INDIAN AT HEART: Prof Hankey has been teaching meditation for years and is probably more familiar with Sanskrit than many Indian scholars

In the first of a series of articles, ALEX HANKEY, a charming Englishman with a Ph.D from MIT, recounts his journey from a curious 12-year-old boy to a man who fell in love with all things Indian and wound up on the faculty of the Swami Vivekananda Yoga Anusandhana Samsthana, a deemed university in Bangalore

For a scientist interested in scientific mysteries, India is an ideal place to pursue esoteric subjects such as the higher realms of Yoga, and research their possible scientific basis. Personally, I find India a wonderfully friendly country, where I can form friendships easily. All Indians seem to have an intrinsic fascination for their traditional culture.
Also, my father was an English diplomat who was continuously posted abroad when I was young and I became used to living in foreign countries. We made friends with other diplomats who were also serving in countries foreign to them. I came to know people who spoke many different languages as their native tongue. Some were delightful Indian families, like Mr and Mrs Chopra, who headed India’s Embassy to Sweden, where my father was posted from 1954 to 1960. Recently, I have even been able to renew my friendship with Romi, their eldest son who, on the advice of my father, was sent to the same boarding school in England as myself. Only a few months ago, Romi and I dined together at the India International Center on Max Muller Marg, New Delhi.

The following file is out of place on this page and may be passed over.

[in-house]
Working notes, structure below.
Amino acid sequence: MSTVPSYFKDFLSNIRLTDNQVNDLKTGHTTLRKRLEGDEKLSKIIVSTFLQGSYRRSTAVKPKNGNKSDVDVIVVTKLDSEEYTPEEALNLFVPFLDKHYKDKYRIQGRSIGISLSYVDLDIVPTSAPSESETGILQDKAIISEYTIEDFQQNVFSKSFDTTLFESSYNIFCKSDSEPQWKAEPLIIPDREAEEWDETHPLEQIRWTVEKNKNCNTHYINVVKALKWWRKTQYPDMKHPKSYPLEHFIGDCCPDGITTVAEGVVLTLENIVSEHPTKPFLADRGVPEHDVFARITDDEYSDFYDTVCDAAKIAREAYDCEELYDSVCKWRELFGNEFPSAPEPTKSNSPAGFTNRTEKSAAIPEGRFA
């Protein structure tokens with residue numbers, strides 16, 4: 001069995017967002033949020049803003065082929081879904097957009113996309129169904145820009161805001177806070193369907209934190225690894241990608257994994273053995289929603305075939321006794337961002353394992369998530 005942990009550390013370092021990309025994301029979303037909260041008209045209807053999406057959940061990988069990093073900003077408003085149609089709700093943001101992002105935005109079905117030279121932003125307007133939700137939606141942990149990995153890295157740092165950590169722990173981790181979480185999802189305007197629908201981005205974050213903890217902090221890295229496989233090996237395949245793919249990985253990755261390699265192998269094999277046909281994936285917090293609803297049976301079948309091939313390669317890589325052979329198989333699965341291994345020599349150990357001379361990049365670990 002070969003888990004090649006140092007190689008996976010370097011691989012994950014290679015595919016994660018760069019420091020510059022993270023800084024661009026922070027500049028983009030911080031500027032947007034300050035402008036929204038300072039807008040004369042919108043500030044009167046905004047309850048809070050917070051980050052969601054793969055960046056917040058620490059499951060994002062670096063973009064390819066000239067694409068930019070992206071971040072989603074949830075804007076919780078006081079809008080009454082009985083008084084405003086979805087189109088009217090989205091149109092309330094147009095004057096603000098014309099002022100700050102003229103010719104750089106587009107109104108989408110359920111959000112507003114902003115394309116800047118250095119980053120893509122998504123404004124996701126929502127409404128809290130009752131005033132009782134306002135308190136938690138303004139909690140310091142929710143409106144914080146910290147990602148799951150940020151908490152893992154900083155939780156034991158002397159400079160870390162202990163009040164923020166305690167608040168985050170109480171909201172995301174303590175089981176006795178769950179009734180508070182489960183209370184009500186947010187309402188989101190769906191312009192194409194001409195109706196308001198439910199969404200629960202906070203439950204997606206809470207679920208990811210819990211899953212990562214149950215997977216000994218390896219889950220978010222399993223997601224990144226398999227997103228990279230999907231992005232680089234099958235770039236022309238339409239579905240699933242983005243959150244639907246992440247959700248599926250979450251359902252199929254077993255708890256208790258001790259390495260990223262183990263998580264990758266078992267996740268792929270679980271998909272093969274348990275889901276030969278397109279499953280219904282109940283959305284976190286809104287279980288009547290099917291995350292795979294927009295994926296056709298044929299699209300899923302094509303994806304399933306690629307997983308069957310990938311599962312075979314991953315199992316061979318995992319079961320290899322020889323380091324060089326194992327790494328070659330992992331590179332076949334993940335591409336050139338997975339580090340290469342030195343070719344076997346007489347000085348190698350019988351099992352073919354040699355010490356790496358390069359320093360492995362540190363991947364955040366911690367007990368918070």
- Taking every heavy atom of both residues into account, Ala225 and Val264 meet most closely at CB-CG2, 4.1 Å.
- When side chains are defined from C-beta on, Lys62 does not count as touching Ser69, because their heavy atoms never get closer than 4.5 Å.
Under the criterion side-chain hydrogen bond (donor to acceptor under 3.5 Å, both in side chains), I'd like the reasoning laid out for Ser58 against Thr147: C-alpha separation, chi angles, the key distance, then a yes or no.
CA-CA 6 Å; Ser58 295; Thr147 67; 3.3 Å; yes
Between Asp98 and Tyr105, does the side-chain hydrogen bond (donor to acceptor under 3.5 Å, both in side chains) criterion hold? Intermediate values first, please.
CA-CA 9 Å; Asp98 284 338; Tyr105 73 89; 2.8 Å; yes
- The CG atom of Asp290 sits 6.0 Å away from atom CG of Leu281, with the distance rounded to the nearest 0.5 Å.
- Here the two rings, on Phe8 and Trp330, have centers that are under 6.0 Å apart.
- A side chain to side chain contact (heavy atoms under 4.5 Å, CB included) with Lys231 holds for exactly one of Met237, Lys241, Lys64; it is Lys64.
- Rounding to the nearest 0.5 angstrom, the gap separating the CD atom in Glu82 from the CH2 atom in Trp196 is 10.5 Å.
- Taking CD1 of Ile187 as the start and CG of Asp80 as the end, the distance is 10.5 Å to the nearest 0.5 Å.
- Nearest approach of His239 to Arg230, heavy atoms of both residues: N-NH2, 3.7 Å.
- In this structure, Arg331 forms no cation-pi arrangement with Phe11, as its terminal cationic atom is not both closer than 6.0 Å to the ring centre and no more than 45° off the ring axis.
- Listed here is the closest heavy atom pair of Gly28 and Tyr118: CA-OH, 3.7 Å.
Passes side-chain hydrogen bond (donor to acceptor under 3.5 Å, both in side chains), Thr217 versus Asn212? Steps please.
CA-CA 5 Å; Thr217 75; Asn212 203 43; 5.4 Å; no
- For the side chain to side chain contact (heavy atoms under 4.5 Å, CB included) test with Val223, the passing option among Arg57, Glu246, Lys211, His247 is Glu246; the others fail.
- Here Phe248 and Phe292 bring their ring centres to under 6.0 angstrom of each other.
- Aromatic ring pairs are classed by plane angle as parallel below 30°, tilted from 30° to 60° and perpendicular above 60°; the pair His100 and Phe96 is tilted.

In Stockholm, I became really interested in pursuing a career in physics, the experience and skill-set that informs my present occupation, as a research scientist at S-VYASA, the Swami Vivekananda Anusandhana Samsthana (Research Institution) in Bengaluru. It happened in the following way.
In those days there was an annual Commercial Fare, ‘St Erik’s Messen’, where leading companies from many nations would advertise their products. I still remember watching some of the first kitchen blenders at work. At that time, in the summer of 1959, the British were constructing one of the world’s earliest commercial nuclear power stations, at Bradwell, off the east coast of England some 40 miles or so north-east of London. The Nuclear Power Plant Company, NPPC, building the power station, had booked a large area at the exhibition, and had a scale model of what the completed power plant would look like.
Being a curious 12-year old, and scientifically minded, I asked the engineer in charge of NPPC’s stand many questions, which he patiently answered.